Almost half of the top 50 apps on iPad are unavailable or have not been optimized for competing devices that run Google’s Android operating system. That’s according to a new report from Canalys, which believes Google should be doing more to encourage top developers to build high-quality tablet apps for its platform.
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Apple has uploaded a new iPhone 5 ad today to its YouTube channel that showcases FaceTime video calling. Entitled “FaceTime Every Day,” the one-minute clip continues the “Every Day” series which began earlier this year, promoting features that are more popular on the iPhone than on any other smartphone.
AT&T’s new early upgrade program is “calculating, sneaky, underhanded,” according to a new print ad from T-Mobile that will be published in USA Today.
AT&T Next is designed to let customers upgrade their smartphone more often — once every 12 months — and it is a direct competitor to T-Mobile’s new Jump plan. But T-Mobile has been quick to make its feelings about Next clear, accusing AT&T of trying to take more money from its customers.
I don’t know about you, but I spend a lot of time deleting spam messages from my inbox — despite using a junk mail filter. But the issue is about to get a whole lot worse, with Google gearing up to deliver adverts to our Gmail inboxes. The messages will appear under the new Promotions tab that was recently introduced in a Gmail update, and Google is testing them on a small number of users now.
Samsung has produced a new Galaxy S4 commercial for Iceland, and it’s possibly one of its weirdest smartphone adverts yet. It features some really strange dancing from a bunch of unconvincing ninjas, and a less than subtle dig at Apple using real apples.
Nokia has a new ad out for its latest Lumia 925 smartphone, and it attempts to praise the handset’s camera abilities by depicting iPhone owners as brain-dead zombies who have to use flash to take photos in the dark. Yeah, it makes no sense to me, either. Check it out below.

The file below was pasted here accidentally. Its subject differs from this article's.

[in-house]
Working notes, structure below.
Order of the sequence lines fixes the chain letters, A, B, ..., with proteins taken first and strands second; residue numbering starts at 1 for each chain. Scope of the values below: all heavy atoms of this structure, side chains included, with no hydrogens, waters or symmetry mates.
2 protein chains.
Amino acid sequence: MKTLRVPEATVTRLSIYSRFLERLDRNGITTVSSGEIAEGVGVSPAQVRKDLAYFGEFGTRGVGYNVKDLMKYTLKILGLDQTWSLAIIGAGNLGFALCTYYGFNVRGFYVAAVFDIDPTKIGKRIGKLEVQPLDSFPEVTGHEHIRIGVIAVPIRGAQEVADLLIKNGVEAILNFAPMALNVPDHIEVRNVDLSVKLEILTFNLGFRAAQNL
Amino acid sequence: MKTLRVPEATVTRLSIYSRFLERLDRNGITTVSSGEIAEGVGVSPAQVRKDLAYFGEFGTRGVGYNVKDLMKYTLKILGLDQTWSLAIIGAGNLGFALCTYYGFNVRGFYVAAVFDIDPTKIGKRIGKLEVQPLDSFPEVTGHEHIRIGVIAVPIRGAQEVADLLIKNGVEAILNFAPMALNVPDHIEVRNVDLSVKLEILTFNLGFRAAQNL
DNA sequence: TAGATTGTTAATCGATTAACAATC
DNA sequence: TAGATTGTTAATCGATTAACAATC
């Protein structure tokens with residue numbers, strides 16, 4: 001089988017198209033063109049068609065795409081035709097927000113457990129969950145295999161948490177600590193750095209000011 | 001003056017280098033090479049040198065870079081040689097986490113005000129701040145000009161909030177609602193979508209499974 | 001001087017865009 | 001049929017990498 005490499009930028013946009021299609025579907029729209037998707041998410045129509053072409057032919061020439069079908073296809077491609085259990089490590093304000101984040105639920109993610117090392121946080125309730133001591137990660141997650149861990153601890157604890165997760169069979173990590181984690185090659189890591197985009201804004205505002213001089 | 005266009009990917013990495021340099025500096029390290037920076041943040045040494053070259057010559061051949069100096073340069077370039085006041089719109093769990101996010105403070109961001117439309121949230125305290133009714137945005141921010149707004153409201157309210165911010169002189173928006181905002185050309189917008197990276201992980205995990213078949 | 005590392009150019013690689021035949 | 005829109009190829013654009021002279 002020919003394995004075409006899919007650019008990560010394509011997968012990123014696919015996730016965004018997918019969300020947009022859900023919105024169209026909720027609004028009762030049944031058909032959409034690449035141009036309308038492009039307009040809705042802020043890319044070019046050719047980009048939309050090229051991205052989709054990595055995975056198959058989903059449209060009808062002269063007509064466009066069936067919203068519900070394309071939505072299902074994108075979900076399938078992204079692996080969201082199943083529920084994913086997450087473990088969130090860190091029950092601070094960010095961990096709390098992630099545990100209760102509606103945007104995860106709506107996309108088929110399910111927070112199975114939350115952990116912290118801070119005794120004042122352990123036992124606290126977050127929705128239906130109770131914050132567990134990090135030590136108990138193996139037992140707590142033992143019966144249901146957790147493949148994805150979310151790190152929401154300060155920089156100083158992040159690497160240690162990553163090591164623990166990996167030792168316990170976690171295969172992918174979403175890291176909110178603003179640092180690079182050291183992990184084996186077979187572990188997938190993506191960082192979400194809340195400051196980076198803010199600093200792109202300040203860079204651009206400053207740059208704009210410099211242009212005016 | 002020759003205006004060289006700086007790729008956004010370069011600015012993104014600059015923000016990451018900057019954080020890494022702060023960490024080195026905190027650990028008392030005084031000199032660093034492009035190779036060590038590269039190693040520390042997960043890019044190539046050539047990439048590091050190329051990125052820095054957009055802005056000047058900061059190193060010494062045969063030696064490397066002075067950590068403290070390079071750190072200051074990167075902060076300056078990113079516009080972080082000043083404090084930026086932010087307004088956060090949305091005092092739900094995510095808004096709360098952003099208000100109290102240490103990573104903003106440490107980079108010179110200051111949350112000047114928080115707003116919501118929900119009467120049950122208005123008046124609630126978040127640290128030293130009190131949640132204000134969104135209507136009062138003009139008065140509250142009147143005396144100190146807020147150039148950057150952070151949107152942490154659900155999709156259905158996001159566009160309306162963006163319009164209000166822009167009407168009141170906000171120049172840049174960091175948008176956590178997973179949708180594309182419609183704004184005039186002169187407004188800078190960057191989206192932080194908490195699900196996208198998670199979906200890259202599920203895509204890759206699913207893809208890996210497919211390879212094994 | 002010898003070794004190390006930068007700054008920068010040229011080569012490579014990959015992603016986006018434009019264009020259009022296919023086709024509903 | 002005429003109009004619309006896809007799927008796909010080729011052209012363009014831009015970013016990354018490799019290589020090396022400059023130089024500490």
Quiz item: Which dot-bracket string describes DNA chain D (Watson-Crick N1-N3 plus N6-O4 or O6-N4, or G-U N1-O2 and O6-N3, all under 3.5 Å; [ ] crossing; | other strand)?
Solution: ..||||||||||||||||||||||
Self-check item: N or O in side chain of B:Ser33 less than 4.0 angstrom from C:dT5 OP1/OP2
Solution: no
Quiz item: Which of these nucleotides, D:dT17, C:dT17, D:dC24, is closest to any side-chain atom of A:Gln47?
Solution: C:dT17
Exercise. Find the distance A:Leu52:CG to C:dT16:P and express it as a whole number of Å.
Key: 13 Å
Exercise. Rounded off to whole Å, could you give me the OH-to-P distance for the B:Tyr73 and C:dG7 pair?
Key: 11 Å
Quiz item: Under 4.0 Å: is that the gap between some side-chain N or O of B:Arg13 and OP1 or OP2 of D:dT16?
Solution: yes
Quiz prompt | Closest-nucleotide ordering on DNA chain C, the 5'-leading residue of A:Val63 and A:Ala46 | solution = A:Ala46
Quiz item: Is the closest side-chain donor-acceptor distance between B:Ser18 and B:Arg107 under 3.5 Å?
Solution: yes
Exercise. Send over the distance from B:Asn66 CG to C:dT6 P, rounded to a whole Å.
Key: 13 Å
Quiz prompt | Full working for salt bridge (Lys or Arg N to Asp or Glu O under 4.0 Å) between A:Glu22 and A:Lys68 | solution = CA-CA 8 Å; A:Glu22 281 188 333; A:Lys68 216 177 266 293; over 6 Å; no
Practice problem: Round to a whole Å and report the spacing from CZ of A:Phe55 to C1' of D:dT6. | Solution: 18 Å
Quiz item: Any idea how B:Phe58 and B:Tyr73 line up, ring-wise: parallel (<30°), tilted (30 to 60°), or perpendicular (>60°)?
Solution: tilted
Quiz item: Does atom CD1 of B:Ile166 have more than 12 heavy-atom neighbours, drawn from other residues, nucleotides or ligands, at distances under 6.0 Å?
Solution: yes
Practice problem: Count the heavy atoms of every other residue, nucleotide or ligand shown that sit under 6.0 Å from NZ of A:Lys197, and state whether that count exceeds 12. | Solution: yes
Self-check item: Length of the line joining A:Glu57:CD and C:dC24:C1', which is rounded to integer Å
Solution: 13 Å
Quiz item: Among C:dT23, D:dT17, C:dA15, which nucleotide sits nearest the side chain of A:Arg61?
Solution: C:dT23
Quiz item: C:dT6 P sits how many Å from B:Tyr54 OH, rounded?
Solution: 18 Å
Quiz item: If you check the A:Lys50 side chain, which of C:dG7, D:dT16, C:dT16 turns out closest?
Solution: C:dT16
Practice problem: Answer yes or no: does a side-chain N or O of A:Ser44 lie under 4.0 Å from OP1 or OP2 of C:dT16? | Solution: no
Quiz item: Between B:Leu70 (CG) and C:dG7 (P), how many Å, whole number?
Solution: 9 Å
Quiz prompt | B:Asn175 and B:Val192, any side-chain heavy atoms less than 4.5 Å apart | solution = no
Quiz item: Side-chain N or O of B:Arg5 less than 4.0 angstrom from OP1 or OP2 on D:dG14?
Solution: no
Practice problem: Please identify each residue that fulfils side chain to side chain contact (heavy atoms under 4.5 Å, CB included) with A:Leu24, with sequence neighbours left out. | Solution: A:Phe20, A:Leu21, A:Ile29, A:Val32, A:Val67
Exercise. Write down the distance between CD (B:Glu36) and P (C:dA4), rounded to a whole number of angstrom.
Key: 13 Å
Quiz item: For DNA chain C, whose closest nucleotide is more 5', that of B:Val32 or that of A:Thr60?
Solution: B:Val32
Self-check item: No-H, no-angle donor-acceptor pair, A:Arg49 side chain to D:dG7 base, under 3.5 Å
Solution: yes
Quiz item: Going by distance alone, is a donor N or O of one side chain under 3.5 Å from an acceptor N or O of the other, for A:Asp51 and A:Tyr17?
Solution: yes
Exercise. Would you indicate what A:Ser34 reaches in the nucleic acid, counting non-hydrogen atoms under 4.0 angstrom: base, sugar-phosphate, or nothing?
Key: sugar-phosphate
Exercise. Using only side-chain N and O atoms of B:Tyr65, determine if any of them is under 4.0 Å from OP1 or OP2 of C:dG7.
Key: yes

Microsoft just loves to poke fun at the iPad, doesn’t it?
It has already aired a number of commercials for the Asus VivoTab that mock its size, weight, lack of Office support, its inability to run two apps simultaneously, and most of all its price. And now the software giant is doing the same on behalf of Dell.
Apple kicked off its WWDC keynote yesterday with an animated video explaining the philosophy behind its design process. Now the segment has been uploaded to Apple’s YouTube channel for the world to see.
“Here, simple phrases paired with elegant visuals describe the thoughts and emotions that go into creating each Apple product.” The video is very much about the company’s core values, like the ad we showed you yesterday.
Bloomberg says that “ads coming this summer won’t focus on the iPhone or any other single product, instead promoting Apple’s brand appeal and its collection of products that work seamlessly together.” The most recent TV ads to come out of Apple have focused on specific aspects of the iPhone, like music and photography.
Google’s YouTube apps for Android and iOS have helped the company triple advertising sales on mobile in the past six months, the company has said. Mobile ads now contribute an estimated $350 million to YouTube’s revenue, with around a quarter of the site’s 1 billion users accessing videos on smartphones and tablets.
T-Mobile’s latest iPhone 5 ad is thoroughly in “The Internet is a series of tubes” territory. It’s kind of weird.
The advertisement shows fluorescent gak blasting from two massive PVC sewage pipes. These pipes are meant to represent “the Internet” while the gak itself is supposed to be, I guess, the brightly colored slime of the Internet’s data streams. T-Mobile says more electric kool-aid sewage can spray through their pipes because they aren’t as clogged up.
I guess what I find so weird about this ad is that not only does it pick a visual metaphor for data that was widely mocked when Senator Ted Stevens used it to describe the way the Internet works, but T-Mobile’s whole argument here seems to be: “No one subscribes with us, so you’ve got our whole LTE network all to yourself.”
Doesn’t exactly inspire a lot of confidence, does it?